Four distinct genetic BTC clusters were recently identified through a whole-genome and epigenomic analysis of 489 BTC cases from 10 different countries (133 liver fluke-positive and 356 fluke-negative cases) (Figure 4) (95). While Cluster 1 was mainly comprised of fluke-positive tumors, Cluster 2 had a fluke-positive/negative mix, and Clusters 3 and 4 were predominantly fluke-negative (95). These findings confirm genetically different molecular signatures indicating different carcinogenesis mechanisms for fluke-positive (extrinsic carcinogen) and -negative (intrinsic genetic alteration) tumours (95). This study also disproved the theory of different anatomic BTC subtypes having distinct molecular-genetic backgrounds. Tumors at the same anatomical site exhibited profound molecular profile differences, while tumors at different anatomical sites displayed molecular profile similarities, thereby confirming that anatomical site is not a driver of molecular subtypes (95). However, the majority of Clusters 1/2 were pCCA and dCCA, while Clusters 3/4 were composed mostly of iCCA. While survival trends do not differ for anatomical subtypes (32,37), for genetic clusters survival advantages are evident: Clusters 3/4 (mainly iCCA) demonstrated moderate significantly longer survival compared with Clusters 1/2 (mainly pCCA and dCCA, P<0.001 (Figure 5) (95).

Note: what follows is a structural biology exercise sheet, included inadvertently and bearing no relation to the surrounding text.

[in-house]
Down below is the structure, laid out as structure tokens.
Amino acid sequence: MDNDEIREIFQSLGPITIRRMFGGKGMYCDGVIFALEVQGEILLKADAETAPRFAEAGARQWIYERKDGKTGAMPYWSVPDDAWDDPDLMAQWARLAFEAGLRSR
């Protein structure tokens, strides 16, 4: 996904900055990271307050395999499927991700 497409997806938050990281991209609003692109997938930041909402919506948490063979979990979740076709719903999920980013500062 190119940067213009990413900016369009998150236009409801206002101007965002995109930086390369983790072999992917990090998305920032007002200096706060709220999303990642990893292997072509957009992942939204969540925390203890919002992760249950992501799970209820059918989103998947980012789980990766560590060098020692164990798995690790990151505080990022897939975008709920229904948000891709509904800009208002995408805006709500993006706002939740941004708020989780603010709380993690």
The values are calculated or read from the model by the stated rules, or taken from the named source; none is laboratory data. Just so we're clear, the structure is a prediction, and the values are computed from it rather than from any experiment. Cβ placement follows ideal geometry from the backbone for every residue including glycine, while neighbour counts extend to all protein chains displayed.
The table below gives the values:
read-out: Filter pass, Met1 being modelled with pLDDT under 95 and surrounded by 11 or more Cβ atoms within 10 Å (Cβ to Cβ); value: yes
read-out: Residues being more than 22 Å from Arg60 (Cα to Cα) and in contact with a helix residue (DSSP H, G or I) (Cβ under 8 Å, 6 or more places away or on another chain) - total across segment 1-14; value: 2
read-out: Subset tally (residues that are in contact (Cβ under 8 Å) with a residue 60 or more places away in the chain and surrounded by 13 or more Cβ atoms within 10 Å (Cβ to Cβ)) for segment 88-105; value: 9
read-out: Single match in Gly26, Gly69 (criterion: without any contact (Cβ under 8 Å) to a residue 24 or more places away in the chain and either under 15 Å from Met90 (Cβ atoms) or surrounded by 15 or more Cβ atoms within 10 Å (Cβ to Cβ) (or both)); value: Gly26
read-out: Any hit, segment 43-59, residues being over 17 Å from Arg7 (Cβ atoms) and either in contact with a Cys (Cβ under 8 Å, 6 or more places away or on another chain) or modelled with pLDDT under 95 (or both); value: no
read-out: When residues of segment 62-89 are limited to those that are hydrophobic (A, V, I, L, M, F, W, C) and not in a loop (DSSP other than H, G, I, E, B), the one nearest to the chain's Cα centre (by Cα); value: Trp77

Molecular-genetic profiling, therefore, highlights distinct targeted therapy opportunities for each cluster with, e.g., Clusters 1/2 potentially being susceptible to human epidermal growth factor receptor 2 (ERBB2/HER2) targeting, Cluster 3 to immunotherapy (e.g., programmed cell death protein 1 (PD-1)-Inhibitors) and Cluster 4 to isocitrate dehydrogenase 1 (IDH) inhibitors or fibroblast growth factor receptor (FGFR)-targeting agents (90). These findings also highlight the potential benefit and limitations of novel PD-1-inhibitors (96,97), as only Cluster 3 (a small subgroup) seem susceptible.
Currently, there are numerous ongoing Phase II and III trials evaluating targeted therapies, particularly in second-line (98). Some include antiangiogenic therapy [e.g., apatinib targeting vascular endothelial growth factor receptor 2 (VEGFR2)], epidermal growth factor receptor (EGFR) and HER2 inhibitors (e.g., trastuzumab + chemotherapy), FGFR inhibitors (derazantinib, erdafitinib), IDH1 and tyrosine receptor kinase (TRK) inhibitors, and other inhibitors including olaparib and niraparib [targeting poly ADP ribose polymerase (PARP)]. Advanced BTC remains a challenge, and at present no targeted therapies have been validated for this disease (93,98).
Conclusions and future directions